On a night when LeBron James became the most hated man in basketball, only one network had a chance to ask him tough questions about a decision that will shape the future the NBA. And, of course, they didn't do that.
That was rich stuff on ESPN last night, classic sports journalism. Nobody asked LeBron why he quit on the court against the Celtics during the playoffs. Nobody asked about his phantom elbow injury. When he admitted to Michael Wilbon that he never bothered to let Cavs owner Dan Gilbert know that he was leaving, Wilbon let it go without a blink.
When LBJ claimed, "I feel awful that I'm leaving. I feel even worse I wasn't able to bring an NBA championship to that city, because I know they've been wanting it a long time," nobody asked why he felt that a team with more wins than any other the past two years — the team plenty of pundits picked to go all the way when the NBA playoffs began — no longer offered him the chance to win it all.
Above all, though, was the one question no one working for ESPN would even be capable of framing: Why in God's name do you need an hour of prime-time television to make this announcement?
This is what passes now for honor among thieves: One bland and gutless fraud is not going to ask anything that might make another bland and gutless fraud uncomfortable. Boo-ya! Truth is, ESPN and Nike and the major leagues are one seamless corporation, and it's hard to speak truth to power when your bunghole's stuffed with corporate cash.
For me, "The Decision" flew by; I wish LeBron had asked for two hours. I wanted to hear LeBron James refer to himself as Lebron James and a "25-year-old man" a few more times. I wanted more time to savor his bullshit about having a dream and talking to his mama in the morning. I wanted him to go another hour without a single mention of the woman he lives with, the mother of his two sons. In short, I wanted him to make as plain as possible what a grotesque and bloated punk he has become.
I also wanted more coverage of Cleveland, especially of the two squad cars parked by Nike's titanic "We Are All Witnesses" banner downtown, awaiting the pillaging horde. The horde, of course, failed to materialize. In Cleveland, it always does. The horde left Cleveland long ago for the warmer embrace of its suburbs — and along with it took all the jobs, all the good schools, and every vestige of hope.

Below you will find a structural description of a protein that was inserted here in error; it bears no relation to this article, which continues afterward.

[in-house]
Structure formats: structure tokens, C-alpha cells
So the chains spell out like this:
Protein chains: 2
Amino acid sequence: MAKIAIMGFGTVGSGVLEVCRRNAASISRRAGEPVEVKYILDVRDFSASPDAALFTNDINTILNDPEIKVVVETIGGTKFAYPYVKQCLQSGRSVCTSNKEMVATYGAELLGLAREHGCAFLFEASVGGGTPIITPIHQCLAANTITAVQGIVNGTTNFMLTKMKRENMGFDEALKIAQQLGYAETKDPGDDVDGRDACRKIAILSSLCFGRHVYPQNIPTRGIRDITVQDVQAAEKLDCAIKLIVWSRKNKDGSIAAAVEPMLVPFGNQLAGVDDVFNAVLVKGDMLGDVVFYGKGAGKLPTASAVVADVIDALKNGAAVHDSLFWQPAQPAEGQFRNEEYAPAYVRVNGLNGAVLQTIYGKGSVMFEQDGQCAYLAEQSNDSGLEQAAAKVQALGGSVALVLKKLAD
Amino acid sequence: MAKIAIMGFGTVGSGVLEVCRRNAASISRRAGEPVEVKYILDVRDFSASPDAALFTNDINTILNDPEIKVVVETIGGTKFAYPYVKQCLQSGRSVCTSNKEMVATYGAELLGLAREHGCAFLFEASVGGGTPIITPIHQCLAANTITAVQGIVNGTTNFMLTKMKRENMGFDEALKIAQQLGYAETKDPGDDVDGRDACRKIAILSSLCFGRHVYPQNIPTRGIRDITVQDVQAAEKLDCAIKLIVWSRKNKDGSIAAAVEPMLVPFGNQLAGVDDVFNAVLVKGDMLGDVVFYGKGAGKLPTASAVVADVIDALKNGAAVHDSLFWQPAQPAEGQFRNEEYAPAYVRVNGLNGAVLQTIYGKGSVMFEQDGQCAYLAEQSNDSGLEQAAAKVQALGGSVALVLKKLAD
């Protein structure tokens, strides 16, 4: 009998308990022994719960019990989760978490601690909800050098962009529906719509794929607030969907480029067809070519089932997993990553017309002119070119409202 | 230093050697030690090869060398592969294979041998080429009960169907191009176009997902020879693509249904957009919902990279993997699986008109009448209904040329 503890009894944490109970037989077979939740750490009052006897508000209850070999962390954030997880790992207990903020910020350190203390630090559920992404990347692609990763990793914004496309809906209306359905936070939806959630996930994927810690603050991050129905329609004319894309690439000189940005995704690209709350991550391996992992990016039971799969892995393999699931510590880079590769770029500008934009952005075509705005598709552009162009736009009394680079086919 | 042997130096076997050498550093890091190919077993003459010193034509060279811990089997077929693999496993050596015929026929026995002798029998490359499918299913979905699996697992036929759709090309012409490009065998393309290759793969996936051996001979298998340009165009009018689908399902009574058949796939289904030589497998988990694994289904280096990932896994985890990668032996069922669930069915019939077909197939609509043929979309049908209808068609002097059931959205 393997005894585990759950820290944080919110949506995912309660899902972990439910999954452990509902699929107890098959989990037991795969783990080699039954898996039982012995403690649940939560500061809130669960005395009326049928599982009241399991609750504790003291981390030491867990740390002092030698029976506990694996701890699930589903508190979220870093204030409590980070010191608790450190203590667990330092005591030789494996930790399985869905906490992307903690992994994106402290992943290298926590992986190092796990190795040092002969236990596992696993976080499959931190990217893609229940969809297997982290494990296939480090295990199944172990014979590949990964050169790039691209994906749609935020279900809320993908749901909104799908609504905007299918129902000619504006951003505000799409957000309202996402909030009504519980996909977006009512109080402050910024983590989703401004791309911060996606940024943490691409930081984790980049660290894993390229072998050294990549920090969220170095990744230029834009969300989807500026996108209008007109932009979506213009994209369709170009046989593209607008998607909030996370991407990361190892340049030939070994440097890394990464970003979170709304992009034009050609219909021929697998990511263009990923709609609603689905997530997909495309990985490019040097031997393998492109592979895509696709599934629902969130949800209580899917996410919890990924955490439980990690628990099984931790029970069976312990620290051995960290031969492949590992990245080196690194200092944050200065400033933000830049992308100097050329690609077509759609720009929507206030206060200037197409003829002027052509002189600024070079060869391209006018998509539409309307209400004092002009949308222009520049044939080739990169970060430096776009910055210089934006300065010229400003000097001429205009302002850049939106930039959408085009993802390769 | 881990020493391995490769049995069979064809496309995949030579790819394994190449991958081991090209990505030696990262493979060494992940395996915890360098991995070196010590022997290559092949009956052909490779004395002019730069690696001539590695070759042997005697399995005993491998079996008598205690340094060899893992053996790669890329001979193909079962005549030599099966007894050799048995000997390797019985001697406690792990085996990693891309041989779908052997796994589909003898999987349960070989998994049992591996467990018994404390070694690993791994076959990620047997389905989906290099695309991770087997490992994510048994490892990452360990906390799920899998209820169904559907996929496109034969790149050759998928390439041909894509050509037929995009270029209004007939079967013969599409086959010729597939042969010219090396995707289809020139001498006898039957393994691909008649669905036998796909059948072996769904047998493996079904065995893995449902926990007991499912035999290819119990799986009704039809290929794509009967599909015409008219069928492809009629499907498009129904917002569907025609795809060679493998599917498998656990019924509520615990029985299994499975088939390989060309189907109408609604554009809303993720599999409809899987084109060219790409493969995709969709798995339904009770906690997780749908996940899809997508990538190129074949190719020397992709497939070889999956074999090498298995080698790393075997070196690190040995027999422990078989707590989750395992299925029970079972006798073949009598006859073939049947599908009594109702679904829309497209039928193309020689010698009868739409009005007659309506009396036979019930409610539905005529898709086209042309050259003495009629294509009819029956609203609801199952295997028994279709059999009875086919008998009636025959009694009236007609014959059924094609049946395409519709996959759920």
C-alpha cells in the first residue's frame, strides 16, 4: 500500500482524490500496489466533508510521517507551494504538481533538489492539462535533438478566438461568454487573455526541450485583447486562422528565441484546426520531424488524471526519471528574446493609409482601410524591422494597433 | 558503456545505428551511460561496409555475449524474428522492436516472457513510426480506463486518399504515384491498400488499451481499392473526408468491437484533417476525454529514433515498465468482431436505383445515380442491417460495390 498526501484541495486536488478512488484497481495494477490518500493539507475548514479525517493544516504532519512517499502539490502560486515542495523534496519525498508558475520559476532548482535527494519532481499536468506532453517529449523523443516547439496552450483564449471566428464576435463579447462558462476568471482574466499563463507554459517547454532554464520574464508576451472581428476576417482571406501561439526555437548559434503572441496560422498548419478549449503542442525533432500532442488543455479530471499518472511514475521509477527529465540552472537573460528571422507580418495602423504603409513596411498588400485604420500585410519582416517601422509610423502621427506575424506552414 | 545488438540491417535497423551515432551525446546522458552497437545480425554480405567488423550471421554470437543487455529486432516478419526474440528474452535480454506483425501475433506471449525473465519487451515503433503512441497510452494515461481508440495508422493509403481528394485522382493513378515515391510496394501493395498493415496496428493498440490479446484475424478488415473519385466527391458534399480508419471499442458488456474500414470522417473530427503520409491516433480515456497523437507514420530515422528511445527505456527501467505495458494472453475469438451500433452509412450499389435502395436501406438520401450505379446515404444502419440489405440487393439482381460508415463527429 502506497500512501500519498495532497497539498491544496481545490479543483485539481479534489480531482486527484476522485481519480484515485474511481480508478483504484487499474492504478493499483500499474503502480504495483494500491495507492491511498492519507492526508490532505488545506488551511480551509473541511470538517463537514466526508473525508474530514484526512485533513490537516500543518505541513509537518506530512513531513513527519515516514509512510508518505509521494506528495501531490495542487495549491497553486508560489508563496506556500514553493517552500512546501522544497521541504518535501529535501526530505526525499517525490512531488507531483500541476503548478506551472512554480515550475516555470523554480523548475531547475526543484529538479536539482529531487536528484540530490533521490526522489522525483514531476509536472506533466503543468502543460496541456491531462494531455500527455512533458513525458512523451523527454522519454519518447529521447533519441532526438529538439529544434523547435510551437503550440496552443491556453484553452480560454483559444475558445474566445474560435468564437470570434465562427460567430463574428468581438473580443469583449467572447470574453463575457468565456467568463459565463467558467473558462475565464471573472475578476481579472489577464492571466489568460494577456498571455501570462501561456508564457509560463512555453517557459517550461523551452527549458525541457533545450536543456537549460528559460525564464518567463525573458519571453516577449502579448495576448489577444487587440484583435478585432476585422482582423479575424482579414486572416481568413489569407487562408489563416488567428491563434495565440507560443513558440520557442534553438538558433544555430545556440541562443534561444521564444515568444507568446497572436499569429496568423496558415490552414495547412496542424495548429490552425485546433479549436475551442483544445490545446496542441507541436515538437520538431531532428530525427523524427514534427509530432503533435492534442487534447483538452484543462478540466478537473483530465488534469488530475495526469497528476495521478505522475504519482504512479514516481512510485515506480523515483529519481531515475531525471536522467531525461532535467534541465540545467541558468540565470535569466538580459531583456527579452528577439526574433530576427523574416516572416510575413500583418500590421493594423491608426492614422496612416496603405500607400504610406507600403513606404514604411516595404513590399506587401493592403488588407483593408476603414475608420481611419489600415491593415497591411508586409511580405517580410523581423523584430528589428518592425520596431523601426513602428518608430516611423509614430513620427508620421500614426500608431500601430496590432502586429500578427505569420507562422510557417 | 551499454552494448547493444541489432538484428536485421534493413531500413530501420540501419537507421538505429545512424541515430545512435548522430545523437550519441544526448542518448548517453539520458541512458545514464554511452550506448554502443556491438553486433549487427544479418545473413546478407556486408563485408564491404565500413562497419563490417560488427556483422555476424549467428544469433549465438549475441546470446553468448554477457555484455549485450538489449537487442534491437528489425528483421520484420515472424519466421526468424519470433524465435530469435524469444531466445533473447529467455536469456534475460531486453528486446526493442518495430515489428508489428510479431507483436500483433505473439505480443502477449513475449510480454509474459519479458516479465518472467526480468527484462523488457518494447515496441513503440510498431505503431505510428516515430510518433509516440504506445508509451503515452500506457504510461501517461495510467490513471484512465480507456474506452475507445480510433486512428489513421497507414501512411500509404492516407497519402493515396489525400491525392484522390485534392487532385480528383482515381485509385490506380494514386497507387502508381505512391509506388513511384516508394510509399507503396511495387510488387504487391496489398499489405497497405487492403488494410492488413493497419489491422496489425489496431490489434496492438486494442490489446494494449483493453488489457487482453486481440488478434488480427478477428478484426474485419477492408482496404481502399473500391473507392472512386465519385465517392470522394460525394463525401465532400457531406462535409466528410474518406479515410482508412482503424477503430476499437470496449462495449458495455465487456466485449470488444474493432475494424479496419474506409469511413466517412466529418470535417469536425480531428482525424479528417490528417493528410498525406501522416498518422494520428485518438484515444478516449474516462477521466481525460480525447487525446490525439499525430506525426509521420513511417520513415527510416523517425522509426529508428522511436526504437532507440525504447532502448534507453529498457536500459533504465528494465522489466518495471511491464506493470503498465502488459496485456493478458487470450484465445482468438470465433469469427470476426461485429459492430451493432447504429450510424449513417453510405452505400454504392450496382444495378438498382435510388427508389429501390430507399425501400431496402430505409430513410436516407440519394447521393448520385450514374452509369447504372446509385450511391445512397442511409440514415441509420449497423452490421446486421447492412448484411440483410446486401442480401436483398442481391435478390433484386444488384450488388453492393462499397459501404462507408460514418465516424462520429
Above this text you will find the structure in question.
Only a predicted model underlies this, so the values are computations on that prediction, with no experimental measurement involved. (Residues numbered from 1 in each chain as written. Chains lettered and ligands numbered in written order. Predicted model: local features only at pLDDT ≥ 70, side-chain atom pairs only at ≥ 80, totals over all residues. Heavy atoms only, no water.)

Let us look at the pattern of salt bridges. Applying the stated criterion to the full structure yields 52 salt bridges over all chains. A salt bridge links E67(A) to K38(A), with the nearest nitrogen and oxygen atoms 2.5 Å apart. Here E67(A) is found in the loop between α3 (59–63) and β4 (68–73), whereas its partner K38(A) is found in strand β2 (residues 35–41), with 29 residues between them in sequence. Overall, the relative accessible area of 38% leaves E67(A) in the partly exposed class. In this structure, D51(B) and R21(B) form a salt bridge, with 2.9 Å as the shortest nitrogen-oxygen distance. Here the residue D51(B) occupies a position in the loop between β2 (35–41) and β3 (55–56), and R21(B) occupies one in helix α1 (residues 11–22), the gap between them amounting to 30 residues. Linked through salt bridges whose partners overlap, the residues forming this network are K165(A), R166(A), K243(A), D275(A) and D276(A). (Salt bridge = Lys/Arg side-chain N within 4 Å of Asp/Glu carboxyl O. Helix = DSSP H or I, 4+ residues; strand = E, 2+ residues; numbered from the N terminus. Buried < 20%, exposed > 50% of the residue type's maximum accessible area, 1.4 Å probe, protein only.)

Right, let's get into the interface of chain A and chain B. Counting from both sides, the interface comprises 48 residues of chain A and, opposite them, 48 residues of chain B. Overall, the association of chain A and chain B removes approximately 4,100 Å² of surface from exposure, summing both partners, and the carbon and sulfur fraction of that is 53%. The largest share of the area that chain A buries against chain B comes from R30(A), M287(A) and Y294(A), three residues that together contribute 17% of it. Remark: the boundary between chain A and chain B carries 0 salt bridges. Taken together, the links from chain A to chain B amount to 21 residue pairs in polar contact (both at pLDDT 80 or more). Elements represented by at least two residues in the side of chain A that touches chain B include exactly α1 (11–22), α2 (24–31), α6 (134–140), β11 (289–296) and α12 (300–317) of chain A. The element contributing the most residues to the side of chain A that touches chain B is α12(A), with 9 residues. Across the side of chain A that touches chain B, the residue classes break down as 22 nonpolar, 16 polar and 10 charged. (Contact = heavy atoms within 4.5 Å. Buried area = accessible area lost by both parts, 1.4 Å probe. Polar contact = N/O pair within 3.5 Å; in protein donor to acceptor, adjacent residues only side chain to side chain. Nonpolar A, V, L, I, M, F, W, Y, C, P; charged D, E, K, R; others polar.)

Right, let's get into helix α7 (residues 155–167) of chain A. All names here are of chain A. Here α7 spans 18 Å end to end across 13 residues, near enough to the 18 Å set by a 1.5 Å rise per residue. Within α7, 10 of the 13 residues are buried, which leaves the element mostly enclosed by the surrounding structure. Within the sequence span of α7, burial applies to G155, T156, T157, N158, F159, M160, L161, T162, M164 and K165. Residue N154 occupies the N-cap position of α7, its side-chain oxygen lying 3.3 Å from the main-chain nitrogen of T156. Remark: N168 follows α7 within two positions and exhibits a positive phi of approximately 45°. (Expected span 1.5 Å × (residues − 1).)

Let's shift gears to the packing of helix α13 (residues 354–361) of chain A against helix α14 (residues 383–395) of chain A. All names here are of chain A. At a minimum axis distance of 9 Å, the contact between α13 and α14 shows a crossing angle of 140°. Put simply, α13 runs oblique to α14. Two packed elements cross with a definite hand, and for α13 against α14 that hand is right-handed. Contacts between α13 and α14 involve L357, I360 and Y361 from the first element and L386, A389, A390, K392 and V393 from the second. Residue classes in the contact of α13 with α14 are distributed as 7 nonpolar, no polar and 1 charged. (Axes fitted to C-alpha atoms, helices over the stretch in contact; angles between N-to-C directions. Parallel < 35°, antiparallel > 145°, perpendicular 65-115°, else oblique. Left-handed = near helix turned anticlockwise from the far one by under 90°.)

Sports fans suffer everywhere — that is the essential nature of being a sports fan; even most fucking Yankees fans will insist on how they paid their dues back when the Bombers sucked — but in no place is the pain like Cleveland's: all-encompassing, multi-generational, redundant and unique at once.
LeBron James was the native son who understood that pain and promised to redeem it. That he tried and failed may be sad, but it's no tragedy. And that he left the way he left makes it easier to say it: Good riddance to bad rubbish.
Which brings us to Cavs owner Dan Gilbert, whose response to LeDecision — a bellicose "open letter" to Cavs fans, and a bracing set of quotes about how LeBron quit in the playoffs — brought tears of gratitude to my eyes. A bum is a bum is a bum. LeBron's a bum — and Dan Gilbert says so. And promises that the Cavs will win a title before the Heat do.
He'll be subject to derision aplenty for it — and no doubt a talking-to from NBA Commissar David Stern — but Gilbert's yowl is exactly what Cleveland fans want and need to hear today. A calling-out. A yowl of rage. A blood oath. It's great stuff, and I'm grateful to him for it.
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Before I forget, I promised my cousin Jeff that I'd mention that he's got two Cavs season tickets for next year he'd like to sell. The team required all its season-ticket holders to renew — and pay for — next year before anyone knew if LeBron would be back, and now he's out eight grand or so. I bid $79 for both last night; if you're able to top that offer, drop me a line at email@example.com and I'll pass it along to Jeff.
Scott Raab, author of Real Hollywood Stories, is a Cleveland State University graduate and has been an Esquire Writer at Large since 1997
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